Tell us a little bit about yourself and your journey to MPC.
I grew up in the suburbs of Sacramento, California. I’ve spent most of my adult life in and around the Sacramento area. I lived for about 15 months in Mesa, Arizona. I’ve been married to my wife, Allyssa, for over 10 years and we have four wonderful children: Cora, Audrey, Carlen and Alden. We also have a dog named Theo.
I started at Fair Oaks Presbyterian in September of 2009. That is where Allyssa and I met. She was working in the Kids Ministry at the time. After a few years of being on staff, they sent me to Seminary to pursue my MDiv from Western Theological Seminary. Once I finished my degree, they called me to be their Assistant Pastor of Families and Groups. I have been incredibly well loved and supported by Fair Oaks Church! Shortly after becoming an Assistant Pastor, our Lead Pastor asked me to pray about whether I felt God was calling me to be a Lead Pastor at some point in my life. After four years of praying together, we determined that the LORD was indeed calling me to be a Lead Pastor!
During the Summer of 2021, he challenged me to begin looking more seriously to what God had called me to do. I found Memorial Park’s posting on the EPC job board and called Greg Wilson. After a conversation about the position and the process, he encouraged me to apply.
How does MPC’s mission—Love People. Know Jesus—resonate with you?
The thing that resonated the most with me in the vision was the order of it: Love people, Know Jesus, Live Transformed; it speaks to a process. We are called to love God’s people. All of them. We can love them regardless of whether they are a part of MPC and whether or not they know Jesus. It is so special that Memorial Park has identified that people can be loved without belonging to the Kingdom or the Church!
What Scripture verses or songs speak to you in a personal way? Explain.
I have always loved two passages of Scripture, Romans 4:18-25 and Esther 4:14.
Romans 4 speaks to me because it brings up the reality of doubt and hopelessness outside of God and what the work of Christ has the power to accomplish in our lives. That our righteousness and salvation are not our own but are given to us because of our faith in Jesus Christ. I love that we cannot work for or earn grace, that Jesus has done everything on our account.
Esther 4 is a powerful passage because it shows the reality of life in the Kingdom of God. All of us have a choice to be a part of what God is doing in our community. We can be active participants in his providential plan. But God does not need us, he can accomplish it without us. Therefore, it is our privilege and joy to join in what God is doing. That we exist where we do, with what we have, for such a time as this.
I have always loved the songs Come Thou Fount and How Deep the Father’s Love for Us.
In what ways does your daily responsibilities impact your view of the world at large and what God is doing in the world?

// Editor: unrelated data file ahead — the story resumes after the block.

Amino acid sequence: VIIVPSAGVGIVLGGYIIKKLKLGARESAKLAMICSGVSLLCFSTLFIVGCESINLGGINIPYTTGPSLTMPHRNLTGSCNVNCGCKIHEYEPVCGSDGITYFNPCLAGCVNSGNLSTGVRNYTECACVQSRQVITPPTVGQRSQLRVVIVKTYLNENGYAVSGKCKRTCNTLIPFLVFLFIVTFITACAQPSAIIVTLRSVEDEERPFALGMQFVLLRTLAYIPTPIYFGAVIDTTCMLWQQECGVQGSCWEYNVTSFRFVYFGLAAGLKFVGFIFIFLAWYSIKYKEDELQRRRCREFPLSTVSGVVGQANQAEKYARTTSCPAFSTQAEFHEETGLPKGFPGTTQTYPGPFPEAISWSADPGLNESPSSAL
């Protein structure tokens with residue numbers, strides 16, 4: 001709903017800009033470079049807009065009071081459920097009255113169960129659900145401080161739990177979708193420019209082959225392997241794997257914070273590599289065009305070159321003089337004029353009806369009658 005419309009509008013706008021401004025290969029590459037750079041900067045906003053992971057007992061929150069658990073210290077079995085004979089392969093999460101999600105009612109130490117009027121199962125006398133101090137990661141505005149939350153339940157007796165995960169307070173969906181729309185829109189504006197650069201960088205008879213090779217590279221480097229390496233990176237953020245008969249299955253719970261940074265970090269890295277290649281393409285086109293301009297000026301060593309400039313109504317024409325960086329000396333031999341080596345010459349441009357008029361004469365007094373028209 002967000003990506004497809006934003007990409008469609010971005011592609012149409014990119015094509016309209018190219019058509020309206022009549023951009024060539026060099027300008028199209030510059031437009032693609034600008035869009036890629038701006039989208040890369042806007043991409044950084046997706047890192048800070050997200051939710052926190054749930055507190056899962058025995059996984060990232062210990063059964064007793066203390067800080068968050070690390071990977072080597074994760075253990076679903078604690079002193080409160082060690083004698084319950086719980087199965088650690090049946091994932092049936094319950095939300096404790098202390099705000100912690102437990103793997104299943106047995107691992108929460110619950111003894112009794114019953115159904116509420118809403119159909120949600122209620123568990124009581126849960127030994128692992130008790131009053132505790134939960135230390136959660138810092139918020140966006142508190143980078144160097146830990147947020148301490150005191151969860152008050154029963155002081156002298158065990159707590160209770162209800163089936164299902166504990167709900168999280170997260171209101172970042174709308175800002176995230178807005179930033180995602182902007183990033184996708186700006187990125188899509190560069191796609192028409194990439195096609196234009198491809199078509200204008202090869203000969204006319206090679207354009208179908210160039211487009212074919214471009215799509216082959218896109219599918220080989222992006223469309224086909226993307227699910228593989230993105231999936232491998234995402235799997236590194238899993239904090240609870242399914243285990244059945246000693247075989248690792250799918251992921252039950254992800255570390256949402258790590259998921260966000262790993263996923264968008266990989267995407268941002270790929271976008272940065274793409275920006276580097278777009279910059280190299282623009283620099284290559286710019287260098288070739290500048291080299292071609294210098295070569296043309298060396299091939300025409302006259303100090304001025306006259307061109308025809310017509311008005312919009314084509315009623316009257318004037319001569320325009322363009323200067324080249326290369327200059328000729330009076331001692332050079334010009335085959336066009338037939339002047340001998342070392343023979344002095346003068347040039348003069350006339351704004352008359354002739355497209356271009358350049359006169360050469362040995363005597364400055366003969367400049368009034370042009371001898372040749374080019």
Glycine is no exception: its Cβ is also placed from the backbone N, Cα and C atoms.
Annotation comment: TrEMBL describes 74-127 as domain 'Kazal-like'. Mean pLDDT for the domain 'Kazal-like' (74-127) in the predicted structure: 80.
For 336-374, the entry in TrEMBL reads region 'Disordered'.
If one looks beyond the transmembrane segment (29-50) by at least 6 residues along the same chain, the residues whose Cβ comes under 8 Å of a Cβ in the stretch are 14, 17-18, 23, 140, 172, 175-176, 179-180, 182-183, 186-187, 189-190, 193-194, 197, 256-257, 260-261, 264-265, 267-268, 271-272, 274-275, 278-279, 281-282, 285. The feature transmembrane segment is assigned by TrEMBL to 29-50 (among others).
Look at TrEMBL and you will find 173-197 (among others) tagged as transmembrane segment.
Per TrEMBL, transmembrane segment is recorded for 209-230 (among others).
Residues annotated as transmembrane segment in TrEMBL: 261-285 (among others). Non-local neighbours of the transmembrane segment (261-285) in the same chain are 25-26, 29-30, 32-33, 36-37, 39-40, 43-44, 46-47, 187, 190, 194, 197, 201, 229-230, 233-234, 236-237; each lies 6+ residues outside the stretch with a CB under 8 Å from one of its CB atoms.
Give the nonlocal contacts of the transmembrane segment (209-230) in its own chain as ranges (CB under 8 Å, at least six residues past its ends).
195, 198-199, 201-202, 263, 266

Being a minister of the word changes the way you view everything. The more time I spend in scripture, the clearer it becomes that Jesus’ mission to “seek and save the lost,” is the same thing we are called to do. Our job, as believers, is to be people of love and reconciliation. We are called to go out and represent love to Jerusalem, Judea, Samaria and the Ends of the Earth. To that end, it is important to know that the work of God is personified in the life, ministry and death of Jesus Christ.
Please share an experience or memory that impacted you in an unexpected way.
One of the dearest memories I have is of the ministry of Earl Wallace. He is a Senior at Fair Oaks Church and he volunteered in the Youth Ministry. Every Wednesday night he would show up, cook burgers and hang out in the back of the room during programming. At the end of every night, he would tell everyone to leave the room the way it was. He came back, every Thursday, to clean the room and make sure it was ready for Sunday Morning programming. He did it without recognition for years. He loved those students, the volunteers, and the staff by simply cooking, cleaning and being present. The impact of his ministry was palpable. Through presence alone he was able to model the character of Christ to an entire group of people. His example became one I have tried to emulate: to model Jesus through character and service.
Why do you want to be our next lead pastor?
Memorial Park is a great church in a unique area. My first impression of Memorial Park came from the PNC. They were all so authentic and upfront about what the church was looking for in a Lead Pastor. I remember finishing an interview and being amazed by the candor and character of the PNC. I thought then and there that this could be a special opportunity.
Then I arrived in Pittsburgh. I immediately fell in love with the city, the Allison Park area, and the hospitality of the people. It seemed to confirm what I was feeling about Memorial Park. Then I was shown around the church and to my surprise, it felt like home! This was a church that my whole family could experience worship and scripture!
What are you looking forward to most about coming to Pittsburgh?
I am looking forward to a new adventure, a challenging new position and living out God’s call in my life with the gifts I have been given.
Share something about yourself (interesting, funny, curious) that you would like the congregation to know.
I am color blind! I love games, sports, competition, and books! My Great-Great Grandfather was likely the original “Bozo the Clown.”